Harry N. Abrams, 2005; 160 pages; $32.50
FROM THE DUST JACKET:
From legendary jewelers such as Tiffany and Cartier to out-of-the-way flea markets, from chic design houses like Prada, Louis Vuitton, and Chanel to tiny antique shops, charms are making a great comeback on the fashion scene. Drawn to these tiny treasures for their ability to express elements of the wearer's personality, today's charm lovers are using them to adorn everything from bracelets and necklaces to dog collars and diaper bags.
In The Charm of Charms, photographer Jade Albert and writer Ki Hackney tell the fascinating story of this ever-popular jewelry item. The stunning color photographs provide an up-close and personal view of hundreds of cherished charmed jewels, including pieces belonging to Claudette Colbert, Joan Crawford, the Duchess of Windsor, Mariah Carey, and Mary J. Blige among other celebrities. The intriguing stories behind these beloved trinkets are told in the lively, informative text, which also covers the history of charms and amulets from prehistory to the present. Combining up-to-the-minute trendiness with nostalgic glamour, this gorgeous volume will appeal to fashion and jewelry enthusiasts both young and old.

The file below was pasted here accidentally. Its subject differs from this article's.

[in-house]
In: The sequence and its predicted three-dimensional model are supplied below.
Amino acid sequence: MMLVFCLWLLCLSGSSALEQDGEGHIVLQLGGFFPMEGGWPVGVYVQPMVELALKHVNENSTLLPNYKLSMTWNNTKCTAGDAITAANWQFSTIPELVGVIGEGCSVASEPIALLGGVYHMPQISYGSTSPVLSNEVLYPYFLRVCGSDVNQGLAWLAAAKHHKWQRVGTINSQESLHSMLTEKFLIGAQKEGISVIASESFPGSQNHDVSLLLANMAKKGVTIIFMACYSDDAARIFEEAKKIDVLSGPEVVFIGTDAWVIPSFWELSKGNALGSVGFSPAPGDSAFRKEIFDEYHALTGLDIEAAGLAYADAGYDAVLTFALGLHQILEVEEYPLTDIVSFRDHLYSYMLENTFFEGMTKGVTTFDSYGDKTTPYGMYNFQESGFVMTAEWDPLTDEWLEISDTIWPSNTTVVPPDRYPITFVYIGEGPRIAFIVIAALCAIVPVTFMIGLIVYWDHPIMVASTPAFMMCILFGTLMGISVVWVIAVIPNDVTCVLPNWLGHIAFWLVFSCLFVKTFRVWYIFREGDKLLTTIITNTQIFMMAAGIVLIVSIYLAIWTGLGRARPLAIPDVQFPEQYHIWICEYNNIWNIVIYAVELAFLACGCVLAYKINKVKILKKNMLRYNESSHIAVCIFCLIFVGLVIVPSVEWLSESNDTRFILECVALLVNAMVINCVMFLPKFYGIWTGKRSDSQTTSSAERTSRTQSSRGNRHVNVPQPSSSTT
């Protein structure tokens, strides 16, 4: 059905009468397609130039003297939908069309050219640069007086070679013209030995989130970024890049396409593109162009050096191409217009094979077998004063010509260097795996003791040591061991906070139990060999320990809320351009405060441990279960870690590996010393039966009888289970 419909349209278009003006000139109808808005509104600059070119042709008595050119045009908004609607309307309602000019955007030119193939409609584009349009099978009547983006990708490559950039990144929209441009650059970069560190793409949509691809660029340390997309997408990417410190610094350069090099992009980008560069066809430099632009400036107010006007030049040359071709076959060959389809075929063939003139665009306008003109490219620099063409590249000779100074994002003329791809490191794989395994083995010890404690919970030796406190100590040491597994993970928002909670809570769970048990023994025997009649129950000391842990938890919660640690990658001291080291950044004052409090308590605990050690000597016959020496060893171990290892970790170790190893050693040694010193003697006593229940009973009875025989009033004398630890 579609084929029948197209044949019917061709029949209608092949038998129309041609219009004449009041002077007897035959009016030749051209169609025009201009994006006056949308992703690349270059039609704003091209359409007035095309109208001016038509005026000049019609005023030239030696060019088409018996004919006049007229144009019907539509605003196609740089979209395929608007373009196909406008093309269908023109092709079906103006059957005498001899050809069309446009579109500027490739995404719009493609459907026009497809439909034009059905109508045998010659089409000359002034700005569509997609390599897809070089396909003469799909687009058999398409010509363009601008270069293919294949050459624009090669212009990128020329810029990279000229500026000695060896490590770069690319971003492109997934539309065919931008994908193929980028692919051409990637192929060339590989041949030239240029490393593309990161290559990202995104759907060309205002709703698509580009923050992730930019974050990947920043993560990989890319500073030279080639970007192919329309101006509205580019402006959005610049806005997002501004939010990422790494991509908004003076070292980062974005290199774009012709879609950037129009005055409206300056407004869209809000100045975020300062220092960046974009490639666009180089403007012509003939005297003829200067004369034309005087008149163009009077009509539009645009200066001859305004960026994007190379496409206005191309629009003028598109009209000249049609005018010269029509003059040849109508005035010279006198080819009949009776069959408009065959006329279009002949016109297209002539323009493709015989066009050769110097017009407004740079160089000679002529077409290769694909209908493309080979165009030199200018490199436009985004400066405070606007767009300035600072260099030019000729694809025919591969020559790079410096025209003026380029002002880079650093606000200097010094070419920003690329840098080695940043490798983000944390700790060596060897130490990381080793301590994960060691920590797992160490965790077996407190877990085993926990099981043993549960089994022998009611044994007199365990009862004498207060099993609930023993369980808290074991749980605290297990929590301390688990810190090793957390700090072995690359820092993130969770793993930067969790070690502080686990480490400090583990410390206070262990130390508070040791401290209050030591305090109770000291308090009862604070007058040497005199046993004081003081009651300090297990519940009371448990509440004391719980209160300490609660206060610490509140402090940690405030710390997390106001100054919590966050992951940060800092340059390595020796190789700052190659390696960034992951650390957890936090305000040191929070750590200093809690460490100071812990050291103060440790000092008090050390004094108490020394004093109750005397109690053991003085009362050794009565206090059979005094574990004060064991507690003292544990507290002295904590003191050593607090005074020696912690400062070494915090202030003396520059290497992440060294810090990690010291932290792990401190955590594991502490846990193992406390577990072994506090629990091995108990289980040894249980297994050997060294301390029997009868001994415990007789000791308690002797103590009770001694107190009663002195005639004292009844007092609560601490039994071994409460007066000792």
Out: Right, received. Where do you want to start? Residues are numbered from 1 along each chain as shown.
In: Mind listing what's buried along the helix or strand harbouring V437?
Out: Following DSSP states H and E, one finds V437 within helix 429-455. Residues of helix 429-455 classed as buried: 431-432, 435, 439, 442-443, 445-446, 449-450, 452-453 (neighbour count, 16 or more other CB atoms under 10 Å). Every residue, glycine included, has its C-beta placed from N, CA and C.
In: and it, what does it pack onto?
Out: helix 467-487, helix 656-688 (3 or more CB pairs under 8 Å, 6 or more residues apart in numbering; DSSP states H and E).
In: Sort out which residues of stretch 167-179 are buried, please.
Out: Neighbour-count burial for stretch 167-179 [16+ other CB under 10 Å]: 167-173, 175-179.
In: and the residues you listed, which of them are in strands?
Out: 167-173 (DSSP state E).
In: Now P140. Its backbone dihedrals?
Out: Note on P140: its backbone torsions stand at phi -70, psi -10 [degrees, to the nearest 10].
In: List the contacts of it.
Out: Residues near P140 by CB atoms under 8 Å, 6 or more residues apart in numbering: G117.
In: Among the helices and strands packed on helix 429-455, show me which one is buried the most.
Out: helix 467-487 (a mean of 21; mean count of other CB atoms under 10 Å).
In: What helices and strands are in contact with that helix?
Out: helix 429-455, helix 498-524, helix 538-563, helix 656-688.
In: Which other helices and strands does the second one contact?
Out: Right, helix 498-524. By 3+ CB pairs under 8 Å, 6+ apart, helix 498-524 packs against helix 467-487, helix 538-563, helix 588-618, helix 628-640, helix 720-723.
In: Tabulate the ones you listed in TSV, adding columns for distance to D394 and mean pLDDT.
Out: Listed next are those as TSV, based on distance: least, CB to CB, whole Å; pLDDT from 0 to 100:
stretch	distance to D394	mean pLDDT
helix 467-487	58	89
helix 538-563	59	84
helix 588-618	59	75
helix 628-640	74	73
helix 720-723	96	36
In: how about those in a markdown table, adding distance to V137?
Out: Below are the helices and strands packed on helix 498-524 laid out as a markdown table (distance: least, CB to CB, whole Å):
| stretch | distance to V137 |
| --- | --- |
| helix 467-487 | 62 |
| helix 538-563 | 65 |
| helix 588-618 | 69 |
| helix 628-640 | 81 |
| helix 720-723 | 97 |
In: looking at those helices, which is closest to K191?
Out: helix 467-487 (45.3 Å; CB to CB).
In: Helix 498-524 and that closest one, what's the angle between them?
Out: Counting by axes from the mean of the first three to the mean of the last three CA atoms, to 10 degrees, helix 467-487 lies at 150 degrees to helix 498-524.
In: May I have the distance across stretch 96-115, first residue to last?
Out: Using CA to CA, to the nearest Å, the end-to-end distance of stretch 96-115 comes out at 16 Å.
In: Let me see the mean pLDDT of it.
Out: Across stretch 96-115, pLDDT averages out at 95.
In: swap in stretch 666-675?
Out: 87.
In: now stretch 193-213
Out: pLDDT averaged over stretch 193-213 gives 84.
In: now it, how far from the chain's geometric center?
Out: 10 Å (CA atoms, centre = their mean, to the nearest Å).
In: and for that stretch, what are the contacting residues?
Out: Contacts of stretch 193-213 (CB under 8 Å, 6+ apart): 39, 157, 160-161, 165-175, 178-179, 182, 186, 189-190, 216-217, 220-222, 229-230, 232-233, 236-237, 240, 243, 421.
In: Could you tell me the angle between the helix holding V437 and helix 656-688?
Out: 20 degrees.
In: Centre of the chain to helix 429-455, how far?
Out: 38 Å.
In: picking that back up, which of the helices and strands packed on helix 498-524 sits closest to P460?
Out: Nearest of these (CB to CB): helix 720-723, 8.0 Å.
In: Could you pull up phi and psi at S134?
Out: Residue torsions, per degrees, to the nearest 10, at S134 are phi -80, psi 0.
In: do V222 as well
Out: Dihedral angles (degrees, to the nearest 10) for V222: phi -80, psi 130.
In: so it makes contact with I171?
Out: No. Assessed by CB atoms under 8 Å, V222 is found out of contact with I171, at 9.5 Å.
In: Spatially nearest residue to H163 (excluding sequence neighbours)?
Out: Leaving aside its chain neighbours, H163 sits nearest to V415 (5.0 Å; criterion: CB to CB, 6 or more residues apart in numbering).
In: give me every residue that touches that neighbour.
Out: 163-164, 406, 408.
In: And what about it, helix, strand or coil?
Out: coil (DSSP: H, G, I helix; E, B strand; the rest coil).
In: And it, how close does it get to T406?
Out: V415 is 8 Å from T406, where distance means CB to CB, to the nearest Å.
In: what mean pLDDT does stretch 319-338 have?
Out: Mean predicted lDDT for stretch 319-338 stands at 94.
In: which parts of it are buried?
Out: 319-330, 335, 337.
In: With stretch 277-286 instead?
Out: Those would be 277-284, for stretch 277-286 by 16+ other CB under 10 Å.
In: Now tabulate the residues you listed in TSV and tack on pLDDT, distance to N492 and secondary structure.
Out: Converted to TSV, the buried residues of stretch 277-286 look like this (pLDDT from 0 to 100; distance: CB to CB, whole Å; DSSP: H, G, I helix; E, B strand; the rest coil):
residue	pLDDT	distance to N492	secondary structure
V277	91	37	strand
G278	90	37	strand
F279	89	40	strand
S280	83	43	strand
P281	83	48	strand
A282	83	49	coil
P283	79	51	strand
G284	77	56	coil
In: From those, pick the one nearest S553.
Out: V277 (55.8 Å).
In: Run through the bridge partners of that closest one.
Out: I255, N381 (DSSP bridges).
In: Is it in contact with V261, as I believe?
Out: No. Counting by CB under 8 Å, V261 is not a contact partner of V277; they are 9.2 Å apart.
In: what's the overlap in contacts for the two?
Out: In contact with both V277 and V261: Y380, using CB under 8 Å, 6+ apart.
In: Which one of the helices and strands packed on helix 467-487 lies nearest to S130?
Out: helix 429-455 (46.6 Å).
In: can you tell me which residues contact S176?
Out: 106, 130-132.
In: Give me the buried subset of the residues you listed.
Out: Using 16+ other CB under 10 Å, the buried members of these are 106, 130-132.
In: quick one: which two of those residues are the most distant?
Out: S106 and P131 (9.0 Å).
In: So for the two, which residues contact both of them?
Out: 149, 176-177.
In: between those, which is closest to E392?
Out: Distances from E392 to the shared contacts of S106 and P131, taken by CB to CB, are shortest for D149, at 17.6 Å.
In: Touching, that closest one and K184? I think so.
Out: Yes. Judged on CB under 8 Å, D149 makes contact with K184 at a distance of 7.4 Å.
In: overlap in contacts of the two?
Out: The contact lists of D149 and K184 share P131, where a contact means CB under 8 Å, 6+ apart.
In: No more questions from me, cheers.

WHAT THE CRITICS SAY:
From Publishers Weekly: Inspired by the comeback of charms on the fashion scene and by childhood memories of ornamenting their own bracelets, Hackney and Albert have combined their creative talents to share the significance and magical history behind these accessories. For 30,000 years, people have worn charms to protect against evil spirits, recognize family ancestry and, of course, accessorize. In the book's beautiful color photos, Albert places the bracelets and trinkets against clever backdrops, displaying a golden bee perched atop a velvety pink rose or a four-leaf clover placed amid a spoonful of Lucky Charms cereal. Next to the portraits of jewelry makers and collectors donning their favorite pieces, Hackney tells the stories behind famous charm wearers like Jackie Kennedy and fashion designer Betsey Johnson.
ABOUT THE AUTHORS:
Jade Albert has had a long career in commercial photography. Albert's work has appeared in Vogue, Time, and Parents magazines, and in advertising campaigns for Target, Polaroid, Sony, and other companies. She was the photographer of Cindy Crawford's book, About Face (2001). Ki Hackney is the coauthor of People and Pearls: The Magic Endures.
A CONVERSATION WITH CO-AUTHOR AND PHOTOGRAPHER JADE ALBERT:
Jade Albert, born in 1950 in New York, spoke with me from her Manhattan studio. She was excited. The swank store Bergdorf Goodman had launched the first Charm of Charms book-signing. "About 600 people came," she said. "It was like I was a rock star and they were going to rip the charms off me. I never was prepared for that. It was beautiful because they had the charms hanging from the chandeliers; there were hanging charms all over. They had a 1950s menu, like 'Chicken a la King' and Swedish meatballs, and they were playing 1950s music.